El Niño and La Niña are opposite phases of what is known as the El Niño-Southern Oscillation (ENSO) cycle. The ENSO is a recurring climatic pattern involving temperature changes in the waters of the eastern and central tropical Pacific Ocean, and changes in the patterns of upper and lower-level winds, sea level pressure, and tropical rainfall across the Pacific Basin. El Nino is often called the warm phase and La Nina is called the cold phase of ENSO. These deviations from the normal surface temperatures can have a large-scale impact on the global weather conditions and overall climate.
El Nino means ‘little boy’ or ‘Christ child’ in Spanish. The phenomenon was thus named because it was first recognised by South American fishermen in the early part of the 17th century. The events, i.e., warm waters in the Pacific Ocean, tended to occur in December, hence, the name was chosen.
El Nino refers to the large-scale ocean-atmosphere climate interaction linked to periodic warming in sea surface temperatures across the central and east-central Equatorial Pacific. It is associated with high pressure in the western Pacific. El Nino adversely impacts the Indian monsoons and hence, agriculture in India.
Let us see how El Nino affects India.
In a normal monsoon year (without El Nino), the pressure distribution is as follows:
- The coast of Peru in South America has a higher pressure than the region near northern Australia and South East Asia.
- The Indian Ocean is warmer than the adjoining oceans and so, has relatively lower pressure. Hence, moisture-laden winds move from near the western Pacific to the Indian Ocean.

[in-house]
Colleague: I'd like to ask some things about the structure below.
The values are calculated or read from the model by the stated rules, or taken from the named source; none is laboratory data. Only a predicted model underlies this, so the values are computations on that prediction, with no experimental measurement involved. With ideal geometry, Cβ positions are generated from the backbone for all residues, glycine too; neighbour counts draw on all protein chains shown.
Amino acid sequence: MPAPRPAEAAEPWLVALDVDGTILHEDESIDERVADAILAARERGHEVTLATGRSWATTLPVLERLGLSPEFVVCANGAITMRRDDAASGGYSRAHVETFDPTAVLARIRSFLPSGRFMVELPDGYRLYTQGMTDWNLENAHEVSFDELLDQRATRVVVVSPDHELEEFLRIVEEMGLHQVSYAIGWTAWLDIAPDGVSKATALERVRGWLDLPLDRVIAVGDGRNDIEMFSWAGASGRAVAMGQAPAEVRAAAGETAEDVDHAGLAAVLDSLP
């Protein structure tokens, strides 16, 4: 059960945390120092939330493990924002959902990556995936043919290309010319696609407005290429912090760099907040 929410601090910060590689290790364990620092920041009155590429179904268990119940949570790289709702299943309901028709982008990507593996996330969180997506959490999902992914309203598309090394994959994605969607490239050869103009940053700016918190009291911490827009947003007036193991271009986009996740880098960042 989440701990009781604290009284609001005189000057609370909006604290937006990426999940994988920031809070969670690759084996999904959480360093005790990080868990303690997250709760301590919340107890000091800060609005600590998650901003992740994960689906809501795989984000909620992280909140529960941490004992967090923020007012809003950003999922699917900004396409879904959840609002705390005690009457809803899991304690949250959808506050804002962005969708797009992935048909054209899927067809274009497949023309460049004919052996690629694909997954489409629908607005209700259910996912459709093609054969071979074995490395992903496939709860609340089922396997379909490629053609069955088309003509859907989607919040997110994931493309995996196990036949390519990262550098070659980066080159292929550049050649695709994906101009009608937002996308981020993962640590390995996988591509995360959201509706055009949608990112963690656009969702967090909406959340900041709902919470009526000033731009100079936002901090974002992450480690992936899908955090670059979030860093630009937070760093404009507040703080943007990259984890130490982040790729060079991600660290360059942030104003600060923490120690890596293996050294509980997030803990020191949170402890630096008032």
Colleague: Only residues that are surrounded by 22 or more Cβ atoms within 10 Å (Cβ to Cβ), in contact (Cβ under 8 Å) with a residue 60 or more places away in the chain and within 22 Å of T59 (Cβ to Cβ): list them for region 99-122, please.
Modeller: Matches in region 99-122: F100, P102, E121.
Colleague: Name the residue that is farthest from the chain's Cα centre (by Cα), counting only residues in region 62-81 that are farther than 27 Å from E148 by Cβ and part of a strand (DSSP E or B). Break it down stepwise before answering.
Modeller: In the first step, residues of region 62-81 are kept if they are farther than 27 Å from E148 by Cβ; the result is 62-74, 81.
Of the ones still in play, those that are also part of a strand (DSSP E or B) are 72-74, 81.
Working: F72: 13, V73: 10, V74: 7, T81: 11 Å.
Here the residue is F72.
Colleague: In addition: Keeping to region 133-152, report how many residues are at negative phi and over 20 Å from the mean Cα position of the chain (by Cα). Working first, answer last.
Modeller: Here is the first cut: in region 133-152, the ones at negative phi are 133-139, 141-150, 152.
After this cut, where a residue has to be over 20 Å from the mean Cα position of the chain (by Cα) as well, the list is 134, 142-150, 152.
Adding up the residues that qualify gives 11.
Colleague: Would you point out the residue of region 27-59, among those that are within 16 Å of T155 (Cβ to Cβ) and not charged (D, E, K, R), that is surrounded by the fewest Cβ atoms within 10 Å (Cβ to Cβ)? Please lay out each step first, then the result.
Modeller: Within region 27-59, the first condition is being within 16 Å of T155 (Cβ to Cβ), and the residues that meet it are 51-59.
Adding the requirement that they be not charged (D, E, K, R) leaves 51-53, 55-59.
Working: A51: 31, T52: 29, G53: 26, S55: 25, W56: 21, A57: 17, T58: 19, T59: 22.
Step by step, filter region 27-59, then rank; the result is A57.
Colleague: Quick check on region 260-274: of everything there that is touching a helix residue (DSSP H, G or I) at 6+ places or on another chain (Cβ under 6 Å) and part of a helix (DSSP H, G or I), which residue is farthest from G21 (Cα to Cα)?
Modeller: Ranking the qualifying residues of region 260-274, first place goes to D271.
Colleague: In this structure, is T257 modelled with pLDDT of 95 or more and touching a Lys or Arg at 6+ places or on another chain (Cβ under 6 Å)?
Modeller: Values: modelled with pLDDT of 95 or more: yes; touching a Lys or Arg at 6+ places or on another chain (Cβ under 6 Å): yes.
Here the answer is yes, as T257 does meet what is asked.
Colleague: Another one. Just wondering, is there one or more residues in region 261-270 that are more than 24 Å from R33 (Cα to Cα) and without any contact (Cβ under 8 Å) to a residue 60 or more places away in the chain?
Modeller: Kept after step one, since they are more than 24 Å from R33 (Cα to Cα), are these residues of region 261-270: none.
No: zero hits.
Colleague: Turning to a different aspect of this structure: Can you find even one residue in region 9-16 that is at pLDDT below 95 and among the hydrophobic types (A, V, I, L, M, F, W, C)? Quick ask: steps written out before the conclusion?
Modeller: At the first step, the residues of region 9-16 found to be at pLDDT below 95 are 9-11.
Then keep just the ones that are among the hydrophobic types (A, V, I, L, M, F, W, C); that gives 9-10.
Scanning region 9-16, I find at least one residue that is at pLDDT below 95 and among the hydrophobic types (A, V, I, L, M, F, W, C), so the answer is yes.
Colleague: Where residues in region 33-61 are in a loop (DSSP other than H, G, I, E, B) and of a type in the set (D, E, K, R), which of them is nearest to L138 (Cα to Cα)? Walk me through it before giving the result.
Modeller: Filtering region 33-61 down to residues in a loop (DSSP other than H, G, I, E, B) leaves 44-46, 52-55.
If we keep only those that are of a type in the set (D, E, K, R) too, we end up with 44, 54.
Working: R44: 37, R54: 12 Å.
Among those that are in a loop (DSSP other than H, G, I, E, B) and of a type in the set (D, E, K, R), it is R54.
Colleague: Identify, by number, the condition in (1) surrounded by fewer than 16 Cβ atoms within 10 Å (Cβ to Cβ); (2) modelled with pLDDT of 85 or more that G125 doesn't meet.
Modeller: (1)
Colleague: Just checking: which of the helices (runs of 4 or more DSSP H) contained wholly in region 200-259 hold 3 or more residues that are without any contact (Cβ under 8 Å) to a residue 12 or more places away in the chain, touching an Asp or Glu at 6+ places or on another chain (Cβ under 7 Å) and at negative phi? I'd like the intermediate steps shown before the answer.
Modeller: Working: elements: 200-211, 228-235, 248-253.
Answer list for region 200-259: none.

- The pressure on the landmass of India is lower than on the Indian Ocean, and so, the moisture-laden winds move further from the ocean to the lands.
If this normal pressure distribution is affected for some reason, the monsoons are affected.
What happens because of El Nino?
The cool surface water off the Peruvian coast goes warm because of El Nino. When the water is warm, the normal trade winds get lost or reverse their direction. Hence, the flow of moisture-laden winds is directed towards the coast of Peru from the western Pacific (the region near northern Australia and South East Asia). This causes heavy rains in Peru during the El Nino years robbing the Indian subcontinent of its normal monsoon rains. The larger the temperature and pressure difference, the larger the rainfall shortage in India.
La Nina means ‘little girl’ in Spanish and is also known as El Viejo or ‘cold event’. Here, the water temperature in the Eastern Pacific gets colder than normal. As a result of this, there is a strong high pressure over the eastern equatorial Pacific. Now, there is low pressure in the Western Pacific and off Asia. La Nina causes drought in Peru and Ecuador, heavy floods in Australia, high temperatures in Western Pacific, Indian Ocean, off the Somalian coast and good monsoon rains in India. A La Nina is actually beneficial for the Indian monsoon.
Generally, El Nino and La Nina occur every 4 – 5 years. El Nino is more frequent than La Nina. Typically, the episodes last for nine to twelve months.
El Nino and La Nina Effects on India
Since 1950, out of the 13 droughts that India faced, 10 have been during El Nino years and one in a La Nina year. This is because in general, an El Nino means lesser than average rains for India. Indian agriculture is heavily dependent on the monsoons and because of this, lesser rainfall during the monsoons generally translates to below-average crop yields.
El Nino and La Nina or the ENSO is a very important concept in climatology in Geography for the UPSC exam. Since the phenomenon affects India and global weather conditions, it is to be studied in detail for the IAS exam. Adding to the topic’s importance is the impact it can have on Indian agriculture. Therefore, students should study El Nino and La Nina thoroughly for the IAS. It is a part of General Studies I in the UPSC syllabus.
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Frequently Asked Questions about El Nino and La Nina
What are the effects of El Nino?
What is the difference between El Nino and La Nina?